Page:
I’m gonna hold off on our conception story at the moment. Some of you may be into that kind of thing since it involves factoring such hardships as his cancer recovery and my advanced endometriosis diagnosis which I casually dropped in this update from last May. But I need to be drinking caffeine (or wine) to get into that one here on the blog. I’m drinking neither of those these days. But the good news is, it worked and we have been #blest!

For now, we’re bringing you along, because with the addition of this human being to the world, we will also be introducing an addition onto our home!

Well, we hope to. Here’s the skinny.

This is a current image of the two story end of the home with the open garage we’d like to convert.
The vehicles represent the area where we’d like a new garage to go.

If you weren’t around for the house hunt and the progress we’ve made since 2015 – the home is perched on the slope of Rustic Canyon, in the Pacific Palisades. It’s just a quick walk to the beach, nearby restaurants, and the Santa Monica Palisades Park. It’s a 1960’s rancher built into the slope and on the exterior, it gives off the impression that its a two story house. It has charming blue window frames with a white exterior and its surrounded by huge leafy tropical plants.

I rarely leave it. Especially these days!

In the past two years, we have converted the upstairs living area from a two bedroom back to its original 60’s floor plan with three bedrooms. We added HVAC, removed some of the previous owner’s more traditional built-in units to modernize a bit and we painted all the main living areas white with black interior window frames. We are slowly but surely making it our own.

This is our baby Aussie that we call Kitty. She loves to feel the sun in the sunroom.

It’s somewhat of a split level home in that when you walk in the front door, you are immediately led up a set of stairs to the living space. But once you are up, it’s all up here. The downstairs is nothing but garage, cellar and a studio. Downstairs is the area we want to become livable.

I took this photo of the front entry back in the house hunting days, when the previous owners still lived here. So, that’s their lamp. Don’t look at me!

The Entryway stairs open up into the middle of the home, between the Living area and the hallway that leads to the bedrooms.

Here’s a look at the current floor plans for the upper level and the lower.

We are hoping to add on a new garage and convert the existing downstairs garage & studio area into an integrated living space with two new bedrooms, a laundry room, storage and if we can squeeze it, a little TV den. This should turn our downstairs area into an official teen dream for Heffe’s kids as they are entering into a more grown-up era of their kid lives. (They are 10 and 12.)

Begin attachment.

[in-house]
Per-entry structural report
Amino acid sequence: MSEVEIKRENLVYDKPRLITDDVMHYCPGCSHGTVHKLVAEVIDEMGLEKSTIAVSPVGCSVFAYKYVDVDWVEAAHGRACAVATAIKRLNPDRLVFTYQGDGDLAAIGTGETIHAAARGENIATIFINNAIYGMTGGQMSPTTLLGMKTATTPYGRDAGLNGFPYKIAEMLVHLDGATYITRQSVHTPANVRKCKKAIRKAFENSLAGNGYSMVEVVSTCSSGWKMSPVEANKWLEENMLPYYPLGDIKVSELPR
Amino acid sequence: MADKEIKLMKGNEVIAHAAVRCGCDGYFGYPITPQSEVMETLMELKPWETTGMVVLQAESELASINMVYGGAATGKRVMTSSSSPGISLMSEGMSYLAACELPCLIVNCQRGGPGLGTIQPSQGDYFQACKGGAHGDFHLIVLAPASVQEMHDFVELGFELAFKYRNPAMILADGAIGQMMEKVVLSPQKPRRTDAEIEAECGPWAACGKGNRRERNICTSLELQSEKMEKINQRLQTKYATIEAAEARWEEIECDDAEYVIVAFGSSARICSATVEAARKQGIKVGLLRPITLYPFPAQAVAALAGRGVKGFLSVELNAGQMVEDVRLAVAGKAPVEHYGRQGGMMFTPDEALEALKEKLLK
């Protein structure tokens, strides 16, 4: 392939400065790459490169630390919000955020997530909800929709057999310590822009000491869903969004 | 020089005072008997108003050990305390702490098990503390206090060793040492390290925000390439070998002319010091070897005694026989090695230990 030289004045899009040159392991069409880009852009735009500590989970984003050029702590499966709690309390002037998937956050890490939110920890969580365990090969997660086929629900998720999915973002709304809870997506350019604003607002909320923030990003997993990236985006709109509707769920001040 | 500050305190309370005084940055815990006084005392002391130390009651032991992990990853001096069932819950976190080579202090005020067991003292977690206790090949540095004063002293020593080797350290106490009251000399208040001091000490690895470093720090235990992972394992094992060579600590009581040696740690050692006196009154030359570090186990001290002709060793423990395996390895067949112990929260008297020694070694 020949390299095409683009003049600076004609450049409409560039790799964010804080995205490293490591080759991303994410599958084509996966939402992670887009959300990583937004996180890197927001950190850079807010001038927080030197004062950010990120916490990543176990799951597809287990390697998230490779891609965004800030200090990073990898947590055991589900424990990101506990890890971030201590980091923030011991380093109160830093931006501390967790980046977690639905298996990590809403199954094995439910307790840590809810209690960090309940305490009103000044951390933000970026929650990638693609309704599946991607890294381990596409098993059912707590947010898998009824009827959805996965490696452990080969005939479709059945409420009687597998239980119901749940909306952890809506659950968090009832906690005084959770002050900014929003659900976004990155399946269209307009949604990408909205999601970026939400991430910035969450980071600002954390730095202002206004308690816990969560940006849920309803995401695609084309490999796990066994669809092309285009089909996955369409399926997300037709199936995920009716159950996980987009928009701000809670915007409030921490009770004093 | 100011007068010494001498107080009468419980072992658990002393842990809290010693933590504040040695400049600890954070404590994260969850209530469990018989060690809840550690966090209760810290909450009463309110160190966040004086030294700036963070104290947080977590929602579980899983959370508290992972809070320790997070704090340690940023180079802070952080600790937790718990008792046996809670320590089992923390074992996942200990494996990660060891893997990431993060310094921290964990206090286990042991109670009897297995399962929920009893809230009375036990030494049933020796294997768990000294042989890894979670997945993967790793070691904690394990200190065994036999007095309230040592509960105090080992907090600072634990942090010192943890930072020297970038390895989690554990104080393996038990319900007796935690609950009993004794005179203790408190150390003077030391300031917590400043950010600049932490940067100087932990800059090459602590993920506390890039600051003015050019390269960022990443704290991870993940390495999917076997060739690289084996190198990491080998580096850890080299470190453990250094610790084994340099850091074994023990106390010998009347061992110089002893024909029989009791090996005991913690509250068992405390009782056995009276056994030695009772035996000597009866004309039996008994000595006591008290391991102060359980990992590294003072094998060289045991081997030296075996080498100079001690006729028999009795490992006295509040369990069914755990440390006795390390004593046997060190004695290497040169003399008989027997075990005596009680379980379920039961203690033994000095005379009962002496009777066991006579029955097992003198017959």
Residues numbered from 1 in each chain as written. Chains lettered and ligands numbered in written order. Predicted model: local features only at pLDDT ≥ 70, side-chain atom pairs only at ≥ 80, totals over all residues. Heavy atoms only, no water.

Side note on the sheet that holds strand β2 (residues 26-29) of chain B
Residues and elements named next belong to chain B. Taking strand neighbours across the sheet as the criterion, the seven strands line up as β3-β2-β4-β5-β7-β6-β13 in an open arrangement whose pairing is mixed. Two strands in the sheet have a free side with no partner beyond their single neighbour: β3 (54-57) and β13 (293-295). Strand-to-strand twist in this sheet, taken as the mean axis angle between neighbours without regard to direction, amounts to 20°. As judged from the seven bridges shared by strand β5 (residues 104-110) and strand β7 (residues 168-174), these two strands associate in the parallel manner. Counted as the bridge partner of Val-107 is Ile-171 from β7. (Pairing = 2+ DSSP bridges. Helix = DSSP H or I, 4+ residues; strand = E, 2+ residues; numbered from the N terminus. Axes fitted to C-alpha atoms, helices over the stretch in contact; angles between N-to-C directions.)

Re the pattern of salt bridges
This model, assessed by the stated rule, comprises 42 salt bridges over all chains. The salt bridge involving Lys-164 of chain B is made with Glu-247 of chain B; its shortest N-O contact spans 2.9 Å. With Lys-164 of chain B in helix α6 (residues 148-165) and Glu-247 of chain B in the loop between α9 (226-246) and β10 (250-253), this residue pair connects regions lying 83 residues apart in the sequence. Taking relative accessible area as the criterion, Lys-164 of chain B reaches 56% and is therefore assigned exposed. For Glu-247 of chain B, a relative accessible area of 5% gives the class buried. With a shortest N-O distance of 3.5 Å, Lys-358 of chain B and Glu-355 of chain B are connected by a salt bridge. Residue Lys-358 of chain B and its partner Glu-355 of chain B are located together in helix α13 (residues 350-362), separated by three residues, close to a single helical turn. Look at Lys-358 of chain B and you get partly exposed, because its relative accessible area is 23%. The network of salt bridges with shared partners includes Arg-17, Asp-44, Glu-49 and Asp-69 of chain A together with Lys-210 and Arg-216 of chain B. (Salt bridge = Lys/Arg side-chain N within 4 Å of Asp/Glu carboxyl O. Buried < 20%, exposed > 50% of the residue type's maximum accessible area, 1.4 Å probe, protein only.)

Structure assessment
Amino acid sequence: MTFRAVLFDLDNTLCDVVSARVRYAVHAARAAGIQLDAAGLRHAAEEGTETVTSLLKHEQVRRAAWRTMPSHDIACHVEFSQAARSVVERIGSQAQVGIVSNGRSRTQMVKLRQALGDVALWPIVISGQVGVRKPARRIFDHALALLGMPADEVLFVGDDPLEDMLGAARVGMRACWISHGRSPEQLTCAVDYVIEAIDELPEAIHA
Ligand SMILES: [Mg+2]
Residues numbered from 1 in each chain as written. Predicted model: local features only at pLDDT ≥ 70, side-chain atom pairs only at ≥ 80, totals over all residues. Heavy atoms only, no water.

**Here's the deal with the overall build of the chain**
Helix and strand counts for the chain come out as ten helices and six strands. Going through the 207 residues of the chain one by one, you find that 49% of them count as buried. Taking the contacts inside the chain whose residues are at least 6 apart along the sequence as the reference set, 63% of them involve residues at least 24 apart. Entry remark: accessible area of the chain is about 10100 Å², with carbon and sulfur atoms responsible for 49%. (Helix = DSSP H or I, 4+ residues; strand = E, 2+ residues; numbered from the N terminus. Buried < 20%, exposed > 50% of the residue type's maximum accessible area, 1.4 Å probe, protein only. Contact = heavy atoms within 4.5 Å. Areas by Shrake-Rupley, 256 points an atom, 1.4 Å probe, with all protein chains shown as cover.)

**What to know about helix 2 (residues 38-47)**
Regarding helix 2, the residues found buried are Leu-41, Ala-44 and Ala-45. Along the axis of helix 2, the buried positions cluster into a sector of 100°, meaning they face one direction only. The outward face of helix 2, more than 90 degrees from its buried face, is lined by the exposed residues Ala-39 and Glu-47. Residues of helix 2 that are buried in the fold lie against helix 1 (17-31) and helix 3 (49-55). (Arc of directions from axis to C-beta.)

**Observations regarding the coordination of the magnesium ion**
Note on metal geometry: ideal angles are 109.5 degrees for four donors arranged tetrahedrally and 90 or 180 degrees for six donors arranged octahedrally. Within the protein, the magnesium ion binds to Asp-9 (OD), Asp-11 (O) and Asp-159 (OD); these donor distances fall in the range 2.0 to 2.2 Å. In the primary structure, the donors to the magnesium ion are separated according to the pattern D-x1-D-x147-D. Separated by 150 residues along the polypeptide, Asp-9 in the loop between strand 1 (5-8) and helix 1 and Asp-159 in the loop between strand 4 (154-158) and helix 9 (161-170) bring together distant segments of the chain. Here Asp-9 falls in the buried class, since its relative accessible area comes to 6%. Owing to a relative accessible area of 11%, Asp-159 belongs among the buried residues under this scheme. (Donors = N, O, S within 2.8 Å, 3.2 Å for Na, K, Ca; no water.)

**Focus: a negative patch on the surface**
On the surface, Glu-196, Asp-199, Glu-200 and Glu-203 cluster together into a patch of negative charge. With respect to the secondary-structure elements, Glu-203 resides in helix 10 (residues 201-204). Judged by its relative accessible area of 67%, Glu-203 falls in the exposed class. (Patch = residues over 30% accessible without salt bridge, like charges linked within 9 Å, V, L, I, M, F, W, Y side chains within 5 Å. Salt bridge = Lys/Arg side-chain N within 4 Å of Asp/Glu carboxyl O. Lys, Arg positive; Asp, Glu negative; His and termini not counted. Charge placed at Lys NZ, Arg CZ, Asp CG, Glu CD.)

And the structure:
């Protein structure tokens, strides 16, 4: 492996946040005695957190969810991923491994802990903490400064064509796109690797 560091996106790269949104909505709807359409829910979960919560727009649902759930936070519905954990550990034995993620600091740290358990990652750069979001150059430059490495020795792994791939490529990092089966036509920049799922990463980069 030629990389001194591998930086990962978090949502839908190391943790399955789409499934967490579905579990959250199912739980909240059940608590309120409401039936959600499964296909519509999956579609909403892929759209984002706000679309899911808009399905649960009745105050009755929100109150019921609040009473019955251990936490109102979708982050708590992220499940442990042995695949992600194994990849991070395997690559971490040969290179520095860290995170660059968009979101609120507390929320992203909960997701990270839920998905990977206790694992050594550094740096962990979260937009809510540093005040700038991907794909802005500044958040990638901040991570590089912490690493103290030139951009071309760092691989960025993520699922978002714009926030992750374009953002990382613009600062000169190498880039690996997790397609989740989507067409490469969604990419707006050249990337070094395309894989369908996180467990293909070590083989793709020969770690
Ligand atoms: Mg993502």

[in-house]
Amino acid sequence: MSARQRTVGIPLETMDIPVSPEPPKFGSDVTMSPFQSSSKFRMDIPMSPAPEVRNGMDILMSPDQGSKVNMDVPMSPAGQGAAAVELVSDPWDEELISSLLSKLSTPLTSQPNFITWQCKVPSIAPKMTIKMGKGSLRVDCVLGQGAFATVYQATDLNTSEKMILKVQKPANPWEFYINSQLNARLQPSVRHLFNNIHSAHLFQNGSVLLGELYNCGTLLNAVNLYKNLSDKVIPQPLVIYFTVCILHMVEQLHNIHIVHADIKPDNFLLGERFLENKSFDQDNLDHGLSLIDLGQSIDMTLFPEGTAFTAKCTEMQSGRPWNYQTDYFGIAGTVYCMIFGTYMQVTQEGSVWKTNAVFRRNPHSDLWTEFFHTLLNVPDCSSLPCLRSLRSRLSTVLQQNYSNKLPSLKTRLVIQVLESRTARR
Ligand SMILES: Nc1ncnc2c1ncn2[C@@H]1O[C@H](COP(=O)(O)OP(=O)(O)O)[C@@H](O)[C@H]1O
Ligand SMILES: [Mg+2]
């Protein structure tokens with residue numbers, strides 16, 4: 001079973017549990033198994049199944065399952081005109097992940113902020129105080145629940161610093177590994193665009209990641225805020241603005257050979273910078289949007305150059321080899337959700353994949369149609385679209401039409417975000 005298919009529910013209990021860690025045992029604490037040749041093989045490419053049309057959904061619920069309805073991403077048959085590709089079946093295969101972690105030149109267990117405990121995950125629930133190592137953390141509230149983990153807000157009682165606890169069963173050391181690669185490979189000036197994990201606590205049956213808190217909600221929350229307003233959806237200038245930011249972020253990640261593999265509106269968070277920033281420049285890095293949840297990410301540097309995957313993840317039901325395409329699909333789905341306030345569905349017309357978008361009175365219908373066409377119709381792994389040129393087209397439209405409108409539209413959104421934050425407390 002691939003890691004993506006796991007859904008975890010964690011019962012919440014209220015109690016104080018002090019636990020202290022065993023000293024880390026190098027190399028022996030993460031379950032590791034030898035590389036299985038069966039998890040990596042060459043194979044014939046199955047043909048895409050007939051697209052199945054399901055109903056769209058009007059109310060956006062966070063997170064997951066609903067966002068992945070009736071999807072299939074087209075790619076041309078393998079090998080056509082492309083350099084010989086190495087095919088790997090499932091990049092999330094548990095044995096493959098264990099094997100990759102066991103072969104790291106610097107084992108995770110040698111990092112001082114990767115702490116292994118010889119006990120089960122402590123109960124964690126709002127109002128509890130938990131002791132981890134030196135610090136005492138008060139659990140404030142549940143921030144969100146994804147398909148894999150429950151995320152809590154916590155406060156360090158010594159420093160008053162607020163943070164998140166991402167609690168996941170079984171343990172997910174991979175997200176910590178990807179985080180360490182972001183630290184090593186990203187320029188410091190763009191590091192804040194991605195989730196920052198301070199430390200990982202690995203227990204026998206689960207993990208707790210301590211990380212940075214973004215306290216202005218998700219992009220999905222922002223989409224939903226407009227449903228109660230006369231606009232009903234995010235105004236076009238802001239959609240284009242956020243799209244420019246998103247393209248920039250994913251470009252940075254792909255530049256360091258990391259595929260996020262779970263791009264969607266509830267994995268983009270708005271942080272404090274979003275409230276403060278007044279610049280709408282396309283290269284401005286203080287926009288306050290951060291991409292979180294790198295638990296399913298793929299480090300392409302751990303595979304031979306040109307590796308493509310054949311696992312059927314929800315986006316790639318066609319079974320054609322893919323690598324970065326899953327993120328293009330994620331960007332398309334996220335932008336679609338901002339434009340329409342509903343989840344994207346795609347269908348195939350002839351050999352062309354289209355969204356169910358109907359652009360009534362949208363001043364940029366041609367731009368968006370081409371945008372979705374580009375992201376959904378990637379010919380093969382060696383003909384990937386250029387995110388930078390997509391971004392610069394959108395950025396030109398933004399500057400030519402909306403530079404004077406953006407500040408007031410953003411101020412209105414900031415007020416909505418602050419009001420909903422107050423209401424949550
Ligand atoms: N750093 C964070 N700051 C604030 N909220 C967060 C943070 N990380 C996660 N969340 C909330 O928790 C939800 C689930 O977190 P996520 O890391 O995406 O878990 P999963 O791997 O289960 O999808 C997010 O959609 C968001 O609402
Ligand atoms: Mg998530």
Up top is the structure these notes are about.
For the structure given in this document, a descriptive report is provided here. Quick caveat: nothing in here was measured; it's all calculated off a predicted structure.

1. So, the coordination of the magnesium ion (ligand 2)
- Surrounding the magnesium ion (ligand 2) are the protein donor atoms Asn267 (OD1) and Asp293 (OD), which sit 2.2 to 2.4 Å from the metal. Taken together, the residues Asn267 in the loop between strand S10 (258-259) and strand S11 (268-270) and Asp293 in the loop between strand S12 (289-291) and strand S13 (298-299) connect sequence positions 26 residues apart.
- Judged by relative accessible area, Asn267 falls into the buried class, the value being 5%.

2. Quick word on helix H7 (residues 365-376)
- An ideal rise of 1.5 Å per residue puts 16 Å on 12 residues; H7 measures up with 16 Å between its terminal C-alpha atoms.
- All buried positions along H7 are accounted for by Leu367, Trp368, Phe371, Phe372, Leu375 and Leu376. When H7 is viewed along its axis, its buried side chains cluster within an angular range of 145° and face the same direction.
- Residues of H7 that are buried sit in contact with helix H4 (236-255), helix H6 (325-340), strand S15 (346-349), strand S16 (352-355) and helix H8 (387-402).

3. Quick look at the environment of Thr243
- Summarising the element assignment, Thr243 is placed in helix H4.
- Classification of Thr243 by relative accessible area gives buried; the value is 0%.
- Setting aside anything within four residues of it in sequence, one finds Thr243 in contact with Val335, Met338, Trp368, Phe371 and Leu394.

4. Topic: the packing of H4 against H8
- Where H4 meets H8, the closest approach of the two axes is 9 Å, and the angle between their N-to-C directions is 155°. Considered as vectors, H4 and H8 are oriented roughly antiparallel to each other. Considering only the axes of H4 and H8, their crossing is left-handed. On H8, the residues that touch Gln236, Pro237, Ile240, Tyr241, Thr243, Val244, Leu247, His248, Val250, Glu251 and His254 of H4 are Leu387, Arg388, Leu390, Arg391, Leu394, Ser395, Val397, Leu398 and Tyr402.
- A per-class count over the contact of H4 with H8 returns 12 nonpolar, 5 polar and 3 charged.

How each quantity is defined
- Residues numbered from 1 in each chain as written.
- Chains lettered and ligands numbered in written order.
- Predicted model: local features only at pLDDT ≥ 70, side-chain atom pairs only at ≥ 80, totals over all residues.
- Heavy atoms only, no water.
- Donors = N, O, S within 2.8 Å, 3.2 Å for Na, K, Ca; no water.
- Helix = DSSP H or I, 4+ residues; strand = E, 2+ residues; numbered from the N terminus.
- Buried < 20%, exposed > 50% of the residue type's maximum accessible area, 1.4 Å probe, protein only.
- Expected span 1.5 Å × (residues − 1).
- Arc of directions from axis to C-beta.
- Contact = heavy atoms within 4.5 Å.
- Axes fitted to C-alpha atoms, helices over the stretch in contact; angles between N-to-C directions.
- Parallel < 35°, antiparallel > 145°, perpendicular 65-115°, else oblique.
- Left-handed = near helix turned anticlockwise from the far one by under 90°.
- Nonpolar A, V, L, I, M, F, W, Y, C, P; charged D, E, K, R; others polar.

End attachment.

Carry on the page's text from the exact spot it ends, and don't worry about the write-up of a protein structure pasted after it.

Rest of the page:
Currently, we access the downstairs studio from the back side of the house, through a separate entry at the bottom of a terraced patio. On the front, there is a two car garage that is half tools and normal garage mess, and half Heffe’s car, plus another room that we call the cellar. We call it that because that is where we store all of Heffe’s home brew supplies and his craft beer collection. It’s also where I moved the laundry because I hated it in the kitchen. But boy its rough down there and its only accessible through the garage door, which makes laundry even more deplorable. It has straight up plywood walls, exposed plaster, wires and plumbing, dude mess everywhere, SHOP TEOT packaging supplies and kids bikes.

This image of the empty cellar is of particular interest because it illustrates the height difference between the front entry main landing and the cellar floor. You can see where the plaster wall ends at the entry landing floor.

Now bear with me from here, or skip along to the pretty pics. I wouldn’t blame you.

I’d hoped we could work with the architect to open up those plaster walls of the current entry and maneuver the existing stairwell into an access point to a new downstairs mudroom/foyer area that is currently the cellar. Upon initial consultation, she and the contractor agree that we may wish to explore other options for stairs. It’s apparently too challenging with the floor height discrepancy, and being that its our main entry, they agree it will be easier and more cost-effective to build a new stair and keep things as they are in the current entry.

I really want to be able to illustrate better for you, but even in person it requires a certain amount of bouncing back and forth between the cellar and the front entry to see just why this idea is such a challenge. Let’s pretend the height discrepancy isn’t so steep and below is a rendered view from the same vantage point as above, but with the walls blown out.

It would take about 7 or 8 steps to get from that entryway landing to the cellar floor in the real world.

Anywayz… that’s why we hire an architect! We’re waiting to hear from her on what’s feasible with the city, zoning wise and hoping that we can add enough square footage to accommodate our new needs. At the very least, we’d like to squeeze another two bedrooms into this house, somewhere. But at the moment, I’m not sure what the end product might look like.

That’s the gist. Now let’s look at some eye candy, that may or may not apply to our final plans.

Dreaming of a clean white laundry nook in my future.

We need bottle storage in a major way. The dude’s craft beer collection is a tad bit over the top. Maybe we will get to explore something creative under the stairwell.

by Studio McGee
I believe a downstairs den area will result in a small and cozy media focused room. Some new windows for light will be crucial to keep it light and airy.

I’m looking at small spaces for the den too, in case we end up needing most of the area for bedrooms.

If ever you are gonna pull off the low slung Togo profile, a teen dream den seems like the opportunity. I’ll take mine in a leather as aged and smooth as the design idea itself.

This is just a corner that I like. If I was a teen I’d be into this in my SoCal dream den.